Traveling by Amtrak from Sacramento to Tucson before and after the May 7 Schedule Change   March 15th, 2012

Commentary by Ralph James, RailPAC

My wife left on the morning of March 15 for a flight out of Sacramento to Tucson AZ for several days to visit our daughter. The Sunset Limited schedule was something we had discussed in passing during the planning since she prefers rail travel to flying as long as it is reasonably convenient. Because of the 3 PM Los Angeles departure eastbound we knew the only reasonable connection from Sacramento was via San Joaquin 702 and the bus trip over the Grapevine. Before going any further, this option was vetoed because, short of national emergency, she refuses to travel via the Bakersfield bus connections any longer. Although the Amtrak buses are fairly nice as buses go and we have used them from time to time in the past, she has just had enough of the extra luggage transfers, the long walk at LAUS and 2-3 hours in an uncomfortable bus seat, especially when traveling alone. We did not get to the point of even checking fares or the specific days of operation.

Given the restoration of normal thru connections after the May 7 schedule adjustment, I decided to check the actual details of Amtrak travel both before and after the change just for information. It quickly became evident that the Yield Management team had been working overtime and the common sense team had been on vacation, at least for part of the information available on the Amtrak website.

From the common sense perspective, the explanation for days of operation east of Los Angeles was completely lacking on the reservations screens. As an experienced Amtrak traveler it still took me several passes through the reservation process to figure out that the computer interprets the requested departure date from Sacramento as the absolute governing factor (as opposed to suggesting the next day’s travel date) and thus shows the only possible connection to the next day’s Sunset as being the Capitol Corridor evening departure, the red-eye overnight bus to Santa Barbara and the Pacific Surfliner to Los Angeles with a 5 1/2 hour layover to the Sunset departure at 3 PM. This combination is patently ridiculous for nearly all travelers, and there is no mention of the fact that the Sunset only operates on certain days and that the logical connection is San Joaquin 702 at 6:40 the next morning with a 30 minute connection to the Sunset in LA. Such is the difference between a computer and a real person using common sense designing an itinerary.

Also in the unnecessarily complex and useless category of computer thinking, is it really necessary to show two completely separate itineraries from Tucson to Sacramento depending on which of the two buses one takes between Stockton and Sacramento? This difference is not a real choice since the drivers sort passengers to the best bus before boarding and the blitz of information would be modestly reduced without it.

Compared to a near low end air fare of $413 round trip with one plane change, Amtrak coach fares ranged from just over $200 to over $300 for the round trip with some significant bus-train-bus transfers required north of Los Angeles on some options. The Starlight connection was reasonably priced for the dates checked and directions it was available. The vast array of pricing points was a bit intimidating and it was obvious that the Eagle coach seats were more precious than the Sunset coach seats on the common portion of the route as they were consistently offered at a significantly higher price. Here again, common sense would suggest that the seat inventory be held off-line with the lower priced seats being offered first instead of creating clutter with a completely separate itinerary block of more expensive identical seats that nobody would ever choose. Pricing for a roomette ranged from $96 to $287 and many points in between. The lower-end pricing is doable if available but the upper end pricing puts train travel out of the running compared to flying.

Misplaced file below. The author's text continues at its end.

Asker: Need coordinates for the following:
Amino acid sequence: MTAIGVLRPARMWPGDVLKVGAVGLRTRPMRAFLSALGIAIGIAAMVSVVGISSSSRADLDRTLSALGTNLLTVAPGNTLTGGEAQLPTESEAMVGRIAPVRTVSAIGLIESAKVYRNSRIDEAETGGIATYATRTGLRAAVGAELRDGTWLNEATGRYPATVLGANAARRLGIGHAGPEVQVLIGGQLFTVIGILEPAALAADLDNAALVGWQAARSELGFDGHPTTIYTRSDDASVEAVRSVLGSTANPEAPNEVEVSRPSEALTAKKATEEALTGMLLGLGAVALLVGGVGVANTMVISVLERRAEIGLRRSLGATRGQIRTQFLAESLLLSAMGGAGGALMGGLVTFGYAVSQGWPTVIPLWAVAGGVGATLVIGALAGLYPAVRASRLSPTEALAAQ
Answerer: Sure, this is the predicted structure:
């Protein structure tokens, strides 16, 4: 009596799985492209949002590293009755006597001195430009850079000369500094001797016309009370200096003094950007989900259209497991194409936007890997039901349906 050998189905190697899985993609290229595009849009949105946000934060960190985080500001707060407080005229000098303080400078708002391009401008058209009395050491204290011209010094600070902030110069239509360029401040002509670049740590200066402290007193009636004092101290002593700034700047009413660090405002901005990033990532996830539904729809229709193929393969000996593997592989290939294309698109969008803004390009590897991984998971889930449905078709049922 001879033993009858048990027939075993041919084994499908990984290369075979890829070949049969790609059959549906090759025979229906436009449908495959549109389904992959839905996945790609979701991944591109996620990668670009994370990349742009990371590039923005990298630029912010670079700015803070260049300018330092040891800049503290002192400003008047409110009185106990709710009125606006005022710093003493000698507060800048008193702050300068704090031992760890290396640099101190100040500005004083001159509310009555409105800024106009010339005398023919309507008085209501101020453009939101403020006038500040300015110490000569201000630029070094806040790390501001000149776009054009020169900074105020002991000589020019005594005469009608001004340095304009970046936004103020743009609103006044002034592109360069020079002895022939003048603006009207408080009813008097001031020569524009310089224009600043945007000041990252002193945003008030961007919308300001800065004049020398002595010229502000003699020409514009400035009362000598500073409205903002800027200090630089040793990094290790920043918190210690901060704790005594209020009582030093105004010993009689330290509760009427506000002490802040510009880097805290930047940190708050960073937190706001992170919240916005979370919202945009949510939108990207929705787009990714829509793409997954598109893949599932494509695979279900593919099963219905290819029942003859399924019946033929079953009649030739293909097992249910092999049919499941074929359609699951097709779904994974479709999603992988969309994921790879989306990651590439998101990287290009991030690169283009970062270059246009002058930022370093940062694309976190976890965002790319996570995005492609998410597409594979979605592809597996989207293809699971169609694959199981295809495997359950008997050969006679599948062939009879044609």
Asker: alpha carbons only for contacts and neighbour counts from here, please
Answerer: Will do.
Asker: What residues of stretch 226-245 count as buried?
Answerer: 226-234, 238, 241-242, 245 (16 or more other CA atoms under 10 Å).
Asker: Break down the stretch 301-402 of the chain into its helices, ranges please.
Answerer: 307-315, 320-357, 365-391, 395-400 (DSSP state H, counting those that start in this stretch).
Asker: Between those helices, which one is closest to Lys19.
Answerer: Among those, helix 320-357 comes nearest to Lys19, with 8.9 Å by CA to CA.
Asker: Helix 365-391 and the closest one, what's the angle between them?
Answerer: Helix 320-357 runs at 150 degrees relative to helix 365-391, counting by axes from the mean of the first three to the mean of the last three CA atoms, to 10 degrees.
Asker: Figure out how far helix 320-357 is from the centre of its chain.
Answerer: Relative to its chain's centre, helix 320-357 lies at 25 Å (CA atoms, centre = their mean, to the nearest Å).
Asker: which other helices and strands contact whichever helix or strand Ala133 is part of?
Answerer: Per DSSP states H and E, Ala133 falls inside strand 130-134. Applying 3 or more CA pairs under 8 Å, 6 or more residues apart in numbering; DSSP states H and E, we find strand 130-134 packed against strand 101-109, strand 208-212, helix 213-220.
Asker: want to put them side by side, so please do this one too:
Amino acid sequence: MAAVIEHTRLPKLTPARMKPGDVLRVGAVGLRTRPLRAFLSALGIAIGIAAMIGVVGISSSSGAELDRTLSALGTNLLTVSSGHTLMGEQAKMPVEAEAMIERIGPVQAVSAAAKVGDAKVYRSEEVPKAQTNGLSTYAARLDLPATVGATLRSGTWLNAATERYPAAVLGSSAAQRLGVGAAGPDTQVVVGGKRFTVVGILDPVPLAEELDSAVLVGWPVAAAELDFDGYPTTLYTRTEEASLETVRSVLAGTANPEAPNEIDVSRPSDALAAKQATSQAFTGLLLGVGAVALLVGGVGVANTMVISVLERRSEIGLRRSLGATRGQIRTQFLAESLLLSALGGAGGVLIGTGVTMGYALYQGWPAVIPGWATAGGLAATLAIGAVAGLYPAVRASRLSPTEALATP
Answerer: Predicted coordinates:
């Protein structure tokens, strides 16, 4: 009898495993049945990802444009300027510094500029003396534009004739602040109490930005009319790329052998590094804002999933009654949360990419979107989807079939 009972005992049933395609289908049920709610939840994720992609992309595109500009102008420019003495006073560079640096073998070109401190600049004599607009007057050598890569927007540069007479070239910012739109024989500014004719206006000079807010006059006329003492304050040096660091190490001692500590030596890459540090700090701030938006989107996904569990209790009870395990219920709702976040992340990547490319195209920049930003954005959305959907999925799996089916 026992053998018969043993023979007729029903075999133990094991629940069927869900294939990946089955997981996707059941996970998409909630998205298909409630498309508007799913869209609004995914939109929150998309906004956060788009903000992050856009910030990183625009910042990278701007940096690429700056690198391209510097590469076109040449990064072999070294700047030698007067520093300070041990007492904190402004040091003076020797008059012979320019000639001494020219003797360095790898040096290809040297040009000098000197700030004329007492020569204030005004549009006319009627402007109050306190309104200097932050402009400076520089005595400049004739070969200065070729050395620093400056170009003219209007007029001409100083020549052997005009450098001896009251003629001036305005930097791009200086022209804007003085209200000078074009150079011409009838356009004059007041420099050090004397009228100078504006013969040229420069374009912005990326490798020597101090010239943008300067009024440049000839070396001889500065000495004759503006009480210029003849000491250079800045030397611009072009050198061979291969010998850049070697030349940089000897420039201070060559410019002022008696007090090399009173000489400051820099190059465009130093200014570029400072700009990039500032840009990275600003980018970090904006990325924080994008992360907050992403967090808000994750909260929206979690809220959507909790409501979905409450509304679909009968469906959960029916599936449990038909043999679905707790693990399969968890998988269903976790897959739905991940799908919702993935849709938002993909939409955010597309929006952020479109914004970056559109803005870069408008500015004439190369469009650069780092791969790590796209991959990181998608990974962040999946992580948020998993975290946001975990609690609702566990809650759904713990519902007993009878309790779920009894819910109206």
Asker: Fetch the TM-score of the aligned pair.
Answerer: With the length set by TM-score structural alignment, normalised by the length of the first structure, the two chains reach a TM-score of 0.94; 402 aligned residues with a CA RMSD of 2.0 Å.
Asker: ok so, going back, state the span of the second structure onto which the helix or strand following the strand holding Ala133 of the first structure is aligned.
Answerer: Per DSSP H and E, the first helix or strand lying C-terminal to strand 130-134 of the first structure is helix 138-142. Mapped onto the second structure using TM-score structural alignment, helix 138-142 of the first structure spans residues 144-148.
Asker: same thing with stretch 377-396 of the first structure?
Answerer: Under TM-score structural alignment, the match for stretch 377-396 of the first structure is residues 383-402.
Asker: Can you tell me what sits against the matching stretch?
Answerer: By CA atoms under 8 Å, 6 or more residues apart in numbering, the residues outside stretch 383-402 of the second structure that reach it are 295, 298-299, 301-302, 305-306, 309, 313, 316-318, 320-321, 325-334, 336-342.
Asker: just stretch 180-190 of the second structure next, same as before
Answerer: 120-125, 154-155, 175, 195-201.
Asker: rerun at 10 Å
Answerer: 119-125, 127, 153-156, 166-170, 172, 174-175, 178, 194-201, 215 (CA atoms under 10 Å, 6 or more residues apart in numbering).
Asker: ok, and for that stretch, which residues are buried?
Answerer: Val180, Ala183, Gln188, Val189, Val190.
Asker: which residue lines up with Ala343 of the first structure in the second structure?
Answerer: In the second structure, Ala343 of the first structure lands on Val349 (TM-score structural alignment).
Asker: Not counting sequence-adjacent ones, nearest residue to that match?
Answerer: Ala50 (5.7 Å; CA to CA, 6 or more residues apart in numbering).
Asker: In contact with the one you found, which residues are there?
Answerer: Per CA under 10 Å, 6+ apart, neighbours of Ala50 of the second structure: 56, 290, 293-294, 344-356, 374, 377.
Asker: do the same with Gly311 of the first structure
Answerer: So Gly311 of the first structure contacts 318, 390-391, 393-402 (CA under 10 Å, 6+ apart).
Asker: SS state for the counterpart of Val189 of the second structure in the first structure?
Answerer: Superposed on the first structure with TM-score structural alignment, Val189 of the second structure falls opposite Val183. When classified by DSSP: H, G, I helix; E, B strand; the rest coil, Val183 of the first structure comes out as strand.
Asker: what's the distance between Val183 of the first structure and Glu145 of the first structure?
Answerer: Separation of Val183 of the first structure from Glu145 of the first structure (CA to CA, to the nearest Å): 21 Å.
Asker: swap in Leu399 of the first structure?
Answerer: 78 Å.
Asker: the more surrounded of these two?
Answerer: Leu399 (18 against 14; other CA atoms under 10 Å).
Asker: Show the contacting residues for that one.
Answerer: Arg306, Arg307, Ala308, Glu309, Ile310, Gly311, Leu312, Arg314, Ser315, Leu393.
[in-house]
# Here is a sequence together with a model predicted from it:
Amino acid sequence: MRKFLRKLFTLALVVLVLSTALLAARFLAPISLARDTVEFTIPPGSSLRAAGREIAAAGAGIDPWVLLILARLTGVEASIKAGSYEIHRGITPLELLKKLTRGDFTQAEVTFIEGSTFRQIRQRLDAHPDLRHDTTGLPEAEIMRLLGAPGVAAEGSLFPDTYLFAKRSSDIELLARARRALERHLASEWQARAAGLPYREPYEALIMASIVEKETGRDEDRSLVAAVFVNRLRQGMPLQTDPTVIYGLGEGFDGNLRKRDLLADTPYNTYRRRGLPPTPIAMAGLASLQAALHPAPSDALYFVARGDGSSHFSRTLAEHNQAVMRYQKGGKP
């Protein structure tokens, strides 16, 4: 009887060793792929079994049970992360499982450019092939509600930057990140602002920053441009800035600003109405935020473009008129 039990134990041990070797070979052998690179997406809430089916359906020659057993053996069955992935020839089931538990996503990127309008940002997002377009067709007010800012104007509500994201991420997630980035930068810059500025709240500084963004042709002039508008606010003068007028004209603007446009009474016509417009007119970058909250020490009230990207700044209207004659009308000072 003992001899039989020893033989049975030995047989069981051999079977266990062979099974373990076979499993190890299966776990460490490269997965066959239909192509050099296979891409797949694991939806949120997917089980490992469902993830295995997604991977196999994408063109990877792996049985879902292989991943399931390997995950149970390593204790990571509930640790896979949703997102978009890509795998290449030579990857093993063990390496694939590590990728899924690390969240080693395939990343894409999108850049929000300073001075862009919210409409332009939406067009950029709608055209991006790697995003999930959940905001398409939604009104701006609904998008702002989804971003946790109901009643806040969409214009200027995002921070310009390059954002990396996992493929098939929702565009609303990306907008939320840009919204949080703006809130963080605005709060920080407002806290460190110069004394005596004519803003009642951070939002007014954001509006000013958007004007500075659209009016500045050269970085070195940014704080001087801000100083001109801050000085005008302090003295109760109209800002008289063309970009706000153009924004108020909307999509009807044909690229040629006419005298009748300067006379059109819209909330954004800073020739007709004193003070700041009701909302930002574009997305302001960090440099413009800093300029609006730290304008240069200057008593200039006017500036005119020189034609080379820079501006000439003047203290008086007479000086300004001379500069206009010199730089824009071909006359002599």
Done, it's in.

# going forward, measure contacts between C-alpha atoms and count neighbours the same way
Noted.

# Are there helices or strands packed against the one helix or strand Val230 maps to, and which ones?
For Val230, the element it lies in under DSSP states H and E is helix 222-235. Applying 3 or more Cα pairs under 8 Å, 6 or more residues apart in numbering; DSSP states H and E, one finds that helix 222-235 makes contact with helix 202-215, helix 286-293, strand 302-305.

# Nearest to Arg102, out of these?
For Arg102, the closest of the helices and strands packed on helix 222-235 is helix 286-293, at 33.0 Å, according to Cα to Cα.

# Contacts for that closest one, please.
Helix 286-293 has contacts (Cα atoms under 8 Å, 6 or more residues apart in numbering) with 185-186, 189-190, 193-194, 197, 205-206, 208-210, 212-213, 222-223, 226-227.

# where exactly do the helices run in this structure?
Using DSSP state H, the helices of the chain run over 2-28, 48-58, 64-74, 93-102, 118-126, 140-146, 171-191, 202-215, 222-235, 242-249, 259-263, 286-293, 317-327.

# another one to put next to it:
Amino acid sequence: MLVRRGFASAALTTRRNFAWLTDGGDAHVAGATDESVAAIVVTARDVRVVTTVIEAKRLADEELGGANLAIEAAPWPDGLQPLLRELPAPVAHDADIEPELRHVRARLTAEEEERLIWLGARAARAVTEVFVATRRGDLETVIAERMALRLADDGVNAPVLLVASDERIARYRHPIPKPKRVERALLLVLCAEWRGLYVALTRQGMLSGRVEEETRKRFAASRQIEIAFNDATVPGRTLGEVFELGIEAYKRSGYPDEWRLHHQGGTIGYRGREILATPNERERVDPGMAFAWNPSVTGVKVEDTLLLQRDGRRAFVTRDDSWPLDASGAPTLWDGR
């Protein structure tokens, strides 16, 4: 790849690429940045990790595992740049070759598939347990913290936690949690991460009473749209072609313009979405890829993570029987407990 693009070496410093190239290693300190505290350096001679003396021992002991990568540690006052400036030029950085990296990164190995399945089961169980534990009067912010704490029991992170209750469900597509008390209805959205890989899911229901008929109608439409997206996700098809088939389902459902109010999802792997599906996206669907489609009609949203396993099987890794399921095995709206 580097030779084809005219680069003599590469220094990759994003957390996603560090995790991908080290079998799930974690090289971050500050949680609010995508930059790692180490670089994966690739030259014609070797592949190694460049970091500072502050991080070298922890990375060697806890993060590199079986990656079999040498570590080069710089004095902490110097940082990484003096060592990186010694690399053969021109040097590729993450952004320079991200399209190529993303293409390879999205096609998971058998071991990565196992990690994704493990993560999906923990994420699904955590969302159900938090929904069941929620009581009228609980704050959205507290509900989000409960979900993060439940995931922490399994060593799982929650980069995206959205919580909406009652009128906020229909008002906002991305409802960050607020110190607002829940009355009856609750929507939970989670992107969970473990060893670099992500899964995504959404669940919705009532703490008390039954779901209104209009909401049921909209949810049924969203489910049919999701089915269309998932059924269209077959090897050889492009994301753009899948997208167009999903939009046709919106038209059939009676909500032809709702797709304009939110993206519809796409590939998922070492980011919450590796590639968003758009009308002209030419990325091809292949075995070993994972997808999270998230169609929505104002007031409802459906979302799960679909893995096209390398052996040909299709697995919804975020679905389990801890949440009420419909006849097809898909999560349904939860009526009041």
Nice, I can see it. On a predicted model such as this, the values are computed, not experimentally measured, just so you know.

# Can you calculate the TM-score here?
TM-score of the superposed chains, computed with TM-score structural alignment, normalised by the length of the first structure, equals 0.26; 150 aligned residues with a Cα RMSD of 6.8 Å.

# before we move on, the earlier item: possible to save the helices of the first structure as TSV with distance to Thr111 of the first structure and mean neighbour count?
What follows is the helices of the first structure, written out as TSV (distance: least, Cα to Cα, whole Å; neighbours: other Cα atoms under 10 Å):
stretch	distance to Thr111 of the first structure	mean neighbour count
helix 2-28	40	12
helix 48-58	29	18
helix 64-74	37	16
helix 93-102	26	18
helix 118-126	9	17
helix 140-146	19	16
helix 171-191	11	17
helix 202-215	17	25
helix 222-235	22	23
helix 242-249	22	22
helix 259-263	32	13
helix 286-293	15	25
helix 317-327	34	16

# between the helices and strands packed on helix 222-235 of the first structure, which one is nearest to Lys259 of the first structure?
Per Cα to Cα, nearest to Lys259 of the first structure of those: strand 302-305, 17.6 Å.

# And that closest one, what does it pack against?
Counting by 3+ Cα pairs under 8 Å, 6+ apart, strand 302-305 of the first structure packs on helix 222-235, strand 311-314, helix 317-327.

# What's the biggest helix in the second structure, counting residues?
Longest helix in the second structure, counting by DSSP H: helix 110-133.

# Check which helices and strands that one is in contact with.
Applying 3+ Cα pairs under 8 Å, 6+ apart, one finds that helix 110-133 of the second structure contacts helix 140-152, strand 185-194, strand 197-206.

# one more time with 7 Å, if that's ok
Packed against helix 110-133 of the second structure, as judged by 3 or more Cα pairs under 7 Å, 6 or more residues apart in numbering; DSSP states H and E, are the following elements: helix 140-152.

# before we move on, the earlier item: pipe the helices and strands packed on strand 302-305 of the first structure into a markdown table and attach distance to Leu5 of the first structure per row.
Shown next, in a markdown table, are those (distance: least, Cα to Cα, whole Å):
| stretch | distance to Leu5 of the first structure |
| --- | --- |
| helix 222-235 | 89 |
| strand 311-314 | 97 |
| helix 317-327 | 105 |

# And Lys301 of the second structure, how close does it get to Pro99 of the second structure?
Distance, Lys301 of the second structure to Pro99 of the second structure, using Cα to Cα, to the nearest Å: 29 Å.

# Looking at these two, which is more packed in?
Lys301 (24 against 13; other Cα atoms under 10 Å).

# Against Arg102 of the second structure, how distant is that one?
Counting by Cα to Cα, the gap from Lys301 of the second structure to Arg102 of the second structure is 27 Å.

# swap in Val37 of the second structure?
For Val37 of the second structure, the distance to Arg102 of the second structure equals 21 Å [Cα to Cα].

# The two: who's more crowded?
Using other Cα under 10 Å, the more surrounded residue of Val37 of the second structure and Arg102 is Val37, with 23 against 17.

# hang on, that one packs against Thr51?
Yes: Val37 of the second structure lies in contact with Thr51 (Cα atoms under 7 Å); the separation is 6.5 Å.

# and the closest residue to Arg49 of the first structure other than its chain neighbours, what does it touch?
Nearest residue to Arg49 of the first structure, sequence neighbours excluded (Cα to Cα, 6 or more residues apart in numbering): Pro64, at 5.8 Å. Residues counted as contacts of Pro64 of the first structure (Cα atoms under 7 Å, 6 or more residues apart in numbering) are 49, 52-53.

Compared to the airline fare structures which are also stepped on yield management, figuring an Amtrak trip after the May schedule change was vastly more complicated, particularly if booking a roomette on the overnight portion. As just one example, several third-party websites show convenient airline listings by price where it was very easy to see how much savings accrued from a 5 AM departure vs. a 7 AM departure vs. a noon departure. The price disparity can be significant, but we settled on the 7 AM penalty of only $9 as being worth an extra two hours of sleep. That being said, it was possible to set up a hypothetical Amtrak itinerary a couple of months out that included travel via the Starlight both ways and a roomette east of Los Angeles using Senior fares for only slightly more cost than the air travel that was used on this trip, and this option will be considered in the future. Travel time is a full day longer in each direction, but with only one reasonably direct transfer in Los Angeles each way the extra time would not normally be a problem and the stop at Benson rather than Tucson would cut nearly an hour off the pickup time required for our actual destination. Station times in Arizona will also be much more reasonable after the May schedule change and compare very favorably to the pre-dawn checkin required to obtain reasonable air fares.

This entry was posted on Thursday, March 15th, 2012 at 7:27 PM and is filed under Commentary.